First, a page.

September 8, 2014
I'm terribly sorry to hear of Dick's death, a crushing and irreparable loss to you, I know. He was one of my great benefactors: gave me my first job as an editor when no one else would. I had no background in writing or editing; wasn't even an English major, because my father had a business and pressed me to prepare for a career in it. Dick liked the writing in my unusual resume. He taught me the ropes, admired my work, then promoted me to head of a small department with the impressive title Executive Editor.
When I decided, after two years with him, to leave for Princeton Theological Seminary, he tried to talk me out of it -- even arranged for me to meet with Richard Prentice Ettinger, founder of Prentice-Hall, who also tried to dissuade me from leaving. For complicated theological reasons (the clash of my intensely Catholic past with my Protestant present) I left seminary after a year. I would have returned to PH if my job were still open, but of course it was not; so I went back to my father's real estate office in Philadelphia. That was my third spell with him, and after six years we sold the business to our employees, my father retired, and I went to law school.
Dick was kind enough to stay in touch with me, and even take Jill and me to dinner while we were in Princeton. He didn't do that for every ex-employee. And when after law school (I graduated at age 40) no one would hire me (500 resumes, no offers) Dick hired me again for a job in his tax- and real-estate letters department. I was desperate -- desperate -- for a job then, with a sick wife and four little kids. Dick saved the day.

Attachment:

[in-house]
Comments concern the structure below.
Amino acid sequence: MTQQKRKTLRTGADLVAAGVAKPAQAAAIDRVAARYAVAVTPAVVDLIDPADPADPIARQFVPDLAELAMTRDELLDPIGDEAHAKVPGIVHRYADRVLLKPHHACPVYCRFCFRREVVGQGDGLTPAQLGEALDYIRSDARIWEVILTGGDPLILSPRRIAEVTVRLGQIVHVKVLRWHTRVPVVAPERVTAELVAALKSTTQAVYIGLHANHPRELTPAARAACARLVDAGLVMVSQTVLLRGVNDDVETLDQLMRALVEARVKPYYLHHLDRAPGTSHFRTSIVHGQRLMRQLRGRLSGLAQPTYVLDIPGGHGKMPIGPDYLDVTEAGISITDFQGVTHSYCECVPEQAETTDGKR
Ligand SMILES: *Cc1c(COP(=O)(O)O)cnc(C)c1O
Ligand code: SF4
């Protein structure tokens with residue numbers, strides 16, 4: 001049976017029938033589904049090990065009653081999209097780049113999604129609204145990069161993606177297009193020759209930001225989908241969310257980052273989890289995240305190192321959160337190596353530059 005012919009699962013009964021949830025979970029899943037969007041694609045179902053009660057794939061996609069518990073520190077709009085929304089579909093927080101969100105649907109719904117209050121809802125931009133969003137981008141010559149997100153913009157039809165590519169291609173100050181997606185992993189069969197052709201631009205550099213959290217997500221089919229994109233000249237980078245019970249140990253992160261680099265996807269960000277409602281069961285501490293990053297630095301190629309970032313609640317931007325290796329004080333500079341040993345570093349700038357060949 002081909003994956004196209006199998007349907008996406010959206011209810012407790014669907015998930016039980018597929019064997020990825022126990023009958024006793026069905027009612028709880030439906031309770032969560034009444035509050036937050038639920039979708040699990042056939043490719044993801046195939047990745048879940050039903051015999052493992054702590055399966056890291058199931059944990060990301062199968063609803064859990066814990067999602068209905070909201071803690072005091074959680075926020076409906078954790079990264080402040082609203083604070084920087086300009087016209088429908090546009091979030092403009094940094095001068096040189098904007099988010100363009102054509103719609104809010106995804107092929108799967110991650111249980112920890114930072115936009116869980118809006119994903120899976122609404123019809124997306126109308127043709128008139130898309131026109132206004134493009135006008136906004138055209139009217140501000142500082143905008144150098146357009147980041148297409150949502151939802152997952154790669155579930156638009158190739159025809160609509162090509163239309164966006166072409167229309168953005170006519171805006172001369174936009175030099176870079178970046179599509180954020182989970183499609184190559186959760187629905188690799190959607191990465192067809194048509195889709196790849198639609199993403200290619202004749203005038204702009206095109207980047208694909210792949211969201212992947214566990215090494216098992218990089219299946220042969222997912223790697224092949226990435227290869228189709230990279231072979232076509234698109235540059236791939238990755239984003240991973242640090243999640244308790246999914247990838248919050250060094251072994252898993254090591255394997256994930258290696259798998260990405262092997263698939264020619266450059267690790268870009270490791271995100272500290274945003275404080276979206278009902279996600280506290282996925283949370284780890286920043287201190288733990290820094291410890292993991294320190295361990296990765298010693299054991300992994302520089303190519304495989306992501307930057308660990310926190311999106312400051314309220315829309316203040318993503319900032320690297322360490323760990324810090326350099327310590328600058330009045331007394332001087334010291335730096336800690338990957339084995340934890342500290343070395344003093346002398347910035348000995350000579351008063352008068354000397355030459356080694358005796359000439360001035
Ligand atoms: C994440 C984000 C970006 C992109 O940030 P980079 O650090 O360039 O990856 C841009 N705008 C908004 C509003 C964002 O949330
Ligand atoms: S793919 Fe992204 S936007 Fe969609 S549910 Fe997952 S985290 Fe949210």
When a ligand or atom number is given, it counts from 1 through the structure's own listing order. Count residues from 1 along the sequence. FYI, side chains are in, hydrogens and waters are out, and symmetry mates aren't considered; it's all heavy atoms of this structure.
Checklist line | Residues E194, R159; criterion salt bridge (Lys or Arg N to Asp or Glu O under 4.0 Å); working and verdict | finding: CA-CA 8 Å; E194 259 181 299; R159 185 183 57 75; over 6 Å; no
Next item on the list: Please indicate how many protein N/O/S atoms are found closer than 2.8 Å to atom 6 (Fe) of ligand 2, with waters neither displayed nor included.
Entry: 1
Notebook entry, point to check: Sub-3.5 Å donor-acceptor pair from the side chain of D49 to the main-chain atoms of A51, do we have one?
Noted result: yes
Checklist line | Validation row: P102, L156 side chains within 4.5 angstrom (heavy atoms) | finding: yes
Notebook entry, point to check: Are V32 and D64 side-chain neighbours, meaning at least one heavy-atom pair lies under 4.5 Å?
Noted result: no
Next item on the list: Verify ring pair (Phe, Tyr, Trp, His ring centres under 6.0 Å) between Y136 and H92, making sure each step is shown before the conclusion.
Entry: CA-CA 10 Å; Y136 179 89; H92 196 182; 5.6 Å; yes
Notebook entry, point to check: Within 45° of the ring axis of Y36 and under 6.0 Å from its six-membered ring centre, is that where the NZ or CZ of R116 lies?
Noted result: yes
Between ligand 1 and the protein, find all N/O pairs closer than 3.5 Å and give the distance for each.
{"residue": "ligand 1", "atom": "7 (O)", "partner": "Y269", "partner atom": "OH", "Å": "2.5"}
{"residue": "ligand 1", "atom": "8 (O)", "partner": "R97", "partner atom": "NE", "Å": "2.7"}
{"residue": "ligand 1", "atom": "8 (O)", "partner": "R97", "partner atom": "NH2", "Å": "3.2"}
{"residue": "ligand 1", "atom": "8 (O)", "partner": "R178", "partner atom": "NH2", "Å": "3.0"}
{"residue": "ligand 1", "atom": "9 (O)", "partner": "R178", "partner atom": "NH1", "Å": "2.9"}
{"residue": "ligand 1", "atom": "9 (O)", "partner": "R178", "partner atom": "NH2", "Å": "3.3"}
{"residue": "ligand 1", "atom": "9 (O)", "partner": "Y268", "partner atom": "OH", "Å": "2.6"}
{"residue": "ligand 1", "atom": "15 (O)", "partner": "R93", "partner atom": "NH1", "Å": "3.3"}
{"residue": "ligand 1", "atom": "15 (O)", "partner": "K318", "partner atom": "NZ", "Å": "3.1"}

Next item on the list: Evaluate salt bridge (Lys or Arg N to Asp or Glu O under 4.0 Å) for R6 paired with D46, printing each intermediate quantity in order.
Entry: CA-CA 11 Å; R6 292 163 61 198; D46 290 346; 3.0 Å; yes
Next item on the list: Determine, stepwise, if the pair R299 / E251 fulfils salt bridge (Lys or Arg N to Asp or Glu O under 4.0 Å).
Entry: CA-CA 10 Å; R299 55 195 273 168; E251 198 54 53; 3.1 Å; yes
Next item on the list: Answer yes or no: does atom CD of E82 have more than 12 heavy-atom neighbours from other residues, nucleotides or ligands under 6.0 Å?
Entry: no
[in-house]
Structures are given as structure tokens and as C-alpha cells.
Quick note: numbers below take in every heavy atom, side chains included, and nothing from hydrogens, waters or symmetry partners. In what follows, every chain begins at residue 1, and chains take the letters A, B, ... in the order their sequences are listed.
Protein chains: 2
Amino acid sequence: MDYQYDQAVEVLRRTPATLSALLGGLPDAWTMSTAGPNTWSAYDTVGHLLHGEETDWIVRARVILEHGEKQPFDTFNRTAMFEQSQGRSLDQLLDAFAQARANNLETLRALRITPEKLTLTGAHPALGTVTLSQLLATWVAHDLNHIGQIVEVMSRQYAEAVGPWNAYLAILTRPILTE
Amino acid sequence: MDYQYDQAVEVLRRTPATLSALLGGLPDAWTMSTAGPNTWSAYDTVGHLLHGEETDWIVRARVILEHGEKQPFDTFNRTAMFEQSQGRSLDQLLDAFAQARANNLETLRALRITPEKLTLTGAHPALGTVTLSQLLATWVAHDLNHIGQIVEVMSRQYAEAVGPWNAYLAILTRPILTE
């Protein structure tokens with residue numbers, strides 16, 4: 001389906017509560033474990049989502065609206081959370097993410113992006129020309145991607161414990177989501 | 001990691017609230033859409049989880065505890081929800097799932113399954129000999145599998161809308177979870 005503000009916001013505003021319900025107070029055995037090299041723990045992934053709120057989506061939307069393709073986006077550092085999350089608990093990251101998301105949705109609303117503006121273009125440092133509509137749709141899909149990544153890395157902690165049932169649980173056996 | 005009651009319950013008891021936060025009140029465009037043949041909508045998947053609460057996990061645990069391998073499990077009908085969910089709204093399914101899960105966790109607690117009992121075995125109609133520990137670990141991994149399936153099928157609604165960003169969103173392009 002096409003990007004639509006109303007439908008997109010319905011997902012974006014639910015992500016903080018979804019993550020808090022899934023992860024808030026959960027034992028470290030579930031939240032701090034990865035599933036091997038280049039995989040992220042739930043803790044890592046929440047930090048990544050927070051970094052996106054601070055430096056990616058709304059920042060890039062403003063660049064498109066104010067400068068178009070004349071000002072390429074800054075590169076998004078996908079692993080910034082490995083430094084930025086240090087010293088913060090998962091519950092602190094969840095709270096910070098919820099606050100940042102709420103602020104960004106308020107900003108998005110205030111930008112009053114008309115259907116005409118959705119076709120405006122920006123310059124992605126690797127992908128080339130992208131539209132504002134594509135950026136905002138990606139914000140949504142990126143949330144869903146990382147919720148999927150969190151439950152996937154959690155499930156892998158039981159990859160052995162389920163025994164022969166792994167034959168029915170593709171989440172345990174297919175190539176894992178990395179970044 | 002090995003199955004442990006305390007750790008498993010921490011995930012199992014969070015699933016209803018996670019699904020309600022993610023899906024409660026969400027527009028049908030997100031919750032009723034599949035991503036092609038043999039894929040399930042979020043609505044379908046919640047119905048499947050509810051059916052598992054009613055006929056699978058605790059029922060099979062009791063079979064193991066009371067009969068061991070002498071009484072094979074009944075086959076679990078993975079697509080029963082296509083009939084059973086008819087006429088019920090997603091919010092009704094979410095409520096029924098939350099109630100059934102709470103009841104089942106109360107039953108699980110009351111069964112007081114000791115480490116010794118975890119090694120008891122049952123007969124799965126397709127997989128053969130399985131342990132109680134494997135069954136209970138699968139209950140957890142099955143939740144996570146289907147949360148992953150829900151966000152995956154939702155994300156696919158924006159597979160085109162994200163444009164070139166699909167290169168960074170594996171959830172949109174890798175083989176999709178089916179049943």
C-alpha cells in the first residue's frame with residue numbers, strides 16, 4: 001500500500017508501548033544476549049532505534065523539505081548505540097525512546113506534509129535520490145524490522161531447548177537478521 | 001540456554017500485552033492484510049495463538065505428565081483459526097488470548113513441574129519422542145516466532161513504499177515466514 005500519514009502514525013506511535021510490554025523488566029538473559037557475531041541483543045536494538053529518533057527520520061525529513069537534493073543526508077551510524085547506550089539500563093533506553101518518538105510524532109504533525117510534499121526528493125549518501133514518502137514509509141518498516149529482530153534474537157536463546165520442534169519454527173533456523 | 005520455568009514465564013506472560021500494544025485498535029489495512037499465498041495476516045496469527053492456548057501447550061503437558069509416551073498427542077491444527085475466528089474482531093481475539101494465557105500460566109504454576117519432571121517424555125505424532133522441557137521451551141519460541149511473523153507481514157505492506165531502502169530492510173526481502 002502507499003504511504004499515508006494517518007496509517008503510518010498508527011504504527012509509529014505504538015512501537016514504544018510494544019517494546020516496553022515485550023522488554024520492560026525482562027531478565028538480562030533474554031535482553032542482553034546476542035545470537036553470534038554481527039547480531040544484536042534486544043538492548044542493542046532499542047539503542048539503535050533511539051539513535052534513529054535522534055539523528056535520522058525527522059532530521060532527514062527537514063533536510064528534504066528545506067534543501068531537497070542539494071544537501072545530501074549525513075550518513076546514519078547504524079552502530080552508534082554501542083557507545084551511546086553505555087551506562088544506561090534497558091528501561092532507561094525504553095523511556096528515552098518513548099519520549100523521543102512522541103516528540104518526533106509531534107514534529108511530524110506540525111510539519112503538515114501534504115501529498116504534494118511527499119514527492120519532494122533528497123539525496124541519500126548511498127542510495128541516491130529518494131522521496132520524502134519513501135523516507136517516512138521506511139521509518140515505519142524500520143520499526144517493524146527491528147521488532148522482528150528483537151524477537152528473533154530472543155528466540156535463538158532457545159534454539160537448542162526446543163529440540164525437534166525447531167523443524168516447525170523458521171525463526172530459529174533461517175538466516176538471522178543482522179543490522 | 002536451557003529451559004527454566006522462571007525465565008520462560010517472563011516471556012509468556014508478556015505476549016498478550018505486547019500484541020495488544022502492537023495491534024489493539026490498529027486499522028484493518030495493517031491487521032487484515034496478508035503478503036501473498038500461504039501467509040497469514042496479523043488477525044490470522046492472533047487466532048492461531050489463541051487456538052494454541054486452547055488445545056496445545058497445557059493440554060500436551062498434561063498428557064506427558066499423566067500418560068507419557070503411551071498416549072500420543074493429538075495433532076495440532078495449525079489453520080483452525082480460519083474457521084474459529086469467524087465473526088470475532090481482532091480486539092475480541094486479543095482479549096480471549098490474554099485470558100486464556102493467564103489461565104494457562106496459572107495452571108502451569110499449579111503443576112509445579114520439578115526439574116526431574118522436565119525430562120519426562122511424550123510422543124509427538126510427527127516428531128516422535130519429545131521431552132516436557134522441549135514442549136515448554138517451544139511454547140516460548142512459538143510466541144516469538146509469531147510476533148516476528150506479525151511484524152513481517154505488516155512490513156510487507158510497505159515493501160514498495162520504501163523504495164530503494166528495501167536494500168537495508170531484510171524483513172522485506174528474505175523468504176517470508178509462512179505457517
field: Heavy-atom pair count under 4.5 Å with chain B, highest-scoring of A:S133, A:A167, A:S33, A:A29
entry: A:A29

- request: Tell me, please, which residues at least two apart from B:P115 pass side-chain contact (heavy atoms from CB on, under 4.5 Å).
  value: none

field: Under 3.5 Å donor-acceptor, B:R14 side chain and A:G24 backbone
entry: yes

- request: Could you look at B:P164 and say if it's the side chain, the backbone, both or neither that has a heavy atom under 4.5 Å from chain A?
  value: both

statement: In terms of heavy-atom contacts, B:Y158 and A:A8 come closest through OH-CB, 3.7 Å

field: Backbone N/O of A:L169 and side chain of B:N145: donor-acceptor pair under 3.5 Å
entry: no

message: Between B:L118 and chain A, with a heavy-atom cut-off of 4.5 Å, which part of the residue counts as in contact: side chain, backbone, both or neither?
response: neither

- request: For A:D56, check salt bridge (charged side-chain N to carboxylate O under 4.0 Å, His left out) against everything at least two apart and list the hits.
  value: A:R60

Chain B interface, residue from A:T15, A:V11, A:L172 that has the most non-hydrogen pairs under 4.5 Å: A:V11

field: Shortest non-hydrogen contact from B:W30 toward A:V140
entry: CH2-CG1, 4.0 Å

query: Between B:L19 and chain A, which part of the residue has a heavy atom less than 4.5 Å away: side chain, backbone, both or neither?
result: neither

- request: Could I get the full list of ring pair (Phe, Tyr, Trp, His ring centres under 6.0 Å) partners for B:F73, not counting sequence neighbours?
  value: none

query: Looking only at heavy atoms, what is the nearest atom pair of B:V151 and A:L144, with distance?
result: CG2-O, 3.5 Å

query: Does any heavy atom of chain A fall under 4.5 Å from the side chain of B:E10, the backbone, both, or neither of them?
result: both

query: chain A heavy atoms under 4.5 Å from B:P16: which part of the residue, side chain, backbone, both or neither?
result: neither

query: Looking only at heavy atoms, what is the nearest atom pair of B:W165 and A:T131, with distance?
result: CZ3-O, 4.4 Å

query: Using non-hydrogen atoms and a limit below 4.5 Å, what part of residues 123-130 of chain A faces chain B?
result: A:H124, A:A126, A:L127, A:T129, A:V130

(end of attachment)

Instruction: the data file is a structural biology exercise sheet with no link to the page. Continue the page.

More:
It turned out I wasn't very good at the kind of writing that was needed in the tax department, nor was I knowledgeable about taxation; but after two years my resume looked good enough that I could get a better job near home. I was able to settle with Jill and my children near my aging parents, where we could enjoy and help them for the rest of their lives.
Through all that, and for decades after, Dick remained a valued friend and advisor, mostly by letter, occasionally by phone. I was awed by his practical intelligence, as were the top people who worked for him. His insight and judgment were almost preternaturally penetrating.
I was proud to call him my friend and rue the fact that -- through no one's fault but mine -- I lost touch with him in his last years.
I know how devoted he was to you and Robert, Pat. He was a wonderful man to spend your life with.
Thank you for conveying to me your writer-neighbor's kind offer to get in touch with an agent for me. Though I have one book published (release date tomorrow; available on Amazon now), and another under contract, to be published next spring, I could use an agent for my secular work. I have a Christian agent for the book just published, but she doesn't handle the secular market. My secular novel The Last Dreamgirl was bought directly by Drake Valley Press, a small publisher that didn't require an agent.
Though I'm not currently offering it, I have another novel which many liked better than the one under contract, and another nonfiction book for the secular market, which I could discuss with an agent. I would be happy if your neighbor would make that contact. My business card is enclosed.
Again, Pat, my condolences on losing one of the finest men I've ever known.
Shane [aphorisms below]
Always think yourself fortunate. That is an unvarying aspect of the truth - and by all odds the best to fill your mind with. Shane Hayes
Value the good opinion you have of others more highly than the good opinion they have of you. The former is a possession; the latter only a wish. Shane Hayes